1 Source: Managing Risk with High Tunnels. Minnesota High Tunnel Production Manual for Commercial Growers. 2012

My old high tunnel has always done well shedding snow. This last snowfall was followed by rain and then ice. Still things are holding together!

Winter annual weeds are a recurring problem in the high tunnel. Some weed pulling is in my future. Photos: C. Enroth.

Chris Enroth (309-837-3939;

From southern Illinois… It has definitely felt and looked like winter around southern Illinois the last few weeks. Although we have had a few days in the 40s or 50s here and there, for the most part we have been in the 30s and low 40s for highs. We have had two main rounds of snow that have hit the area. The first came the afternoon of Friday, January 11 as some of us were driving home from the Specialty Crops Conference in Springfield. We had about 5” of a very heavy wet snow. This is the same system that dumped near record amounts of snow to St. Louis and north with somewhere between 12-16” in the end. The following weekend we got hit again this time with rain which then turned to sleet and then snow mid-day on Saturday, January 19. We ended up with a layer of sleet and then about 4” of a light fluffy snow by evening. The ground was not froze when this system hit and soils are beyond saturated so most of the snow was melting from below. Creeks and rivers are filling up as our soils can’t hold much of any more additional moisture although no major flooding yet. We also had some rain yesterday (1/23). This is the most saturated I have seen the soil during the winter in a few years. The ground has not been frozen much although this morning (1/24) it was down to about 22˚ and so the ground was froze a little on top.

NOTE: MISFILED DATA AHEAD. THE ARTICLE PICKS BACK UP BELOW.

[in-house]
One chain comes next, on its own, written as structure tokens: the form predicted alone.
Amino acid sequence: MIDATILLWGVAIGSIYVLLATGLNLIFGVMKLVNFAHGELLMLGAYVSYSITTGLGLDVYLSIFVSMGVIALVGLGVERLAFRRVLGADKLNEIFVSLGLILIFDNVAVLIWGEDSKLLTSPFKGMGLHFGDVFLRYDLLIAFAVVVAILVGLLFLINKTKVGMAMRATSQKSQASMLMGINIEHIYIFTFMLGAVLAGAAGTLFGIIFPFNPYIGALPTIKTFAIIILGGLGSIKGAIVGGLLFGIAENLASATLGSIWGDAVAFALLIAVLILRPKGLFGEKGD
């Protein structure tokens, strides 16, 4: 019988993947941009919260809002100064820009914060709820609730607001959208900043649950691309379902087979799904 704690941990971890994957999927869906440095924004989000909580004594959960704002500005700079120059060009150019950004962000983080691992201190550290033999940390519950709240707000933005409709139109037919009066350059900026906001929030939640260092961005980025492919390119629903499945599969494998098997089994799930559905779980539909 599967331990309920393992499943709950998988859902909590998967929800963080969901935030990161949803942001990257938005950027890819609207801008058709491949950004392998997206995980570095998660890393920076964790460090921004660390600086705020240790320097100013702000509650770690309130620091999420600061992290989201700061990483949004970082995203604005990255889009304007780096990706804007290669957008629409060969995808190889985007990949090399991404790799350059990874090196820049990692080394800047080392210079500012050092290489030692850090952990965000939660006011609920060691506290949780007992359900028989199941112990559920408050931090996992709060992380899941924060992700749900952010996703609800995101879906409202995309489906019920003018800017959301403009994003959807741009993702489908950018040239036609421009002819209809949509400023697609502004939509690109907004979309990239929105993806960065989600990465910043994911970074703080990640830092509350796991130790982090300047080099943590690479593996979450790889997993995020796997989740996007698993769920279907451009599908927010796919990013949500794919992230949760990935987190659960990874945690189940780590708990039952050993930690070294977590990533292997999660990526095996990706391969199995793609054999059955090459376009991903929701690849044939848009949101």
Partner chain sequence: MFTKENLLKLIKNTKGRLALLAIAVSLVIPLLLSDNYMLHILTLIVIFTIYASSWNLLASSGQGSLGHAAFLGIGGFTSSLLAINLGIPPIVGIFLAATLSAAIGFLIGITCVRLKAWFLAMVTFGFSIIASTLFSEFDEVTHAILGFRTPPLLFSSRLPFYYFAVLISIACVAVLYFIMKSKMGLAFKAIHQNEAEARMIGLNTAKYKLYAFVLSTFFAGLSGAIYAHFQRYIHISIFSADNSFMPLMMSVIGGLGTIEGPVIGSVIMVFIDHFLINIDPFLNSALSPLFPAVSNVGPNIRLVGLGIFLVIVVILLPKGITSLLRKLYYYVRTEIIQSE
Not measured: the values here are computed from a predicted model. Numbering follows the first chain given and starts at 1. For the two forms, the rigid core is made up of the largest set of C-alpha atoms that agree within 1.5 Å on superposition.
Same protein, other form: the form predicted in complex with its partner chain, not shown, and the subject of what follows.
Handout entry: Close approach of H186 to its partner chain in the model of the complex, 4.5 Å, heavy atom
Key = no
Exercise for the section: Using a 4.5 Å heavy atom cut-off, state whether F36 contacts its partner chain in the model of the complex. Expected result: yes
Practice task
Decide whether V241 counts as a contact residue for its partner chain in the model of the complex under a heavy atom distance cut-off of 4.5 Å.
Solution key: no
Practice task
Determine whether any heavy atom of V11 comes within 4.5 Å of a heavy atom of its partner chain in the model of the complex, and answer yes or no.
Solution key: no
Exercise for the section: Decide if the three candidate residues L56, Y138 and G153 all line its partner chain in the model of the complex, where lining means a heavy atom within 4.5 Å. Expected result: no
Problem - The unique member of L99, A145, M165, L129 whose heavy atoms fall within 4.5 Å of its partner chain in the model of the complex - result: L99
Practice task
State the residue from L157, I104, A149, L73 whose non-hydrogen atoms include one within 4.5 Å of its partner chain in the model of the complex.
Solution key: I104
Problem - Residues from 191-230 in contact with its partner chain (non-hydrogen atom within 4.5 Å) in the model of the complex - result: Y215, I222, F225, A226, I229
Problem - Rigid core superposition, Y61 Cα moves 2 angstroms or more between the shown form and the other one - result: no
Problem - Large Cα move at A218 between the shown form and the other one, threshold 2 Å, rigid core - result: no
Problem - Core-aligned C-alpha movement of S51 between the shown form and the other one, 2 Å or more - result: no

Today is one of the few days lately we have seen at least some sun, but with afternoon more clouds are rolling in. The forecast has us staying between the 20-40s for highs with a few below freezing days and in the next week. There is not much going on out in the field aside for some pruning out in the orchards. In our high tunnel, carrots, broccoli, and greens are still growing. The overall growth rate has been slow, but the October planted greens are finally getting close to harvestable size. Arugula has been way more vigorous than the spinach or leaf lettuce. The broccoli is doing well and the early planting now has some small heads formed. The lows in the teens and 20s have been hard on it; however, it still is doing well and will pull through with some warmer temperatures as the heads develop more.


Pictures from the Jackson Co. High Tunnel. Lettuce, spinach and arugula (top left), broccoli (bottom left), and carrots (top right). Photos: N. Johanning.


Nathan Johanning (618-687-1727;

From Dixon Springs Ag Center…Not much happening with the high tunnels at DSAC during these cold winter days. We have been deligent with watching weather fronts that have come through in the past couple of weeks, and luckily, not needing to do any snow removal on the tunnels. Our to do list is ready and waiting for days that will allow progress. We have finally experienced our coldest winter days this past weekend. Seeds have been ordered for the 2019 growing season.

Bronwyn Aly (618-382-2662;

Fruit & Vegetable Production & Pest Management

Sweet Snacking Pepper Variety Trial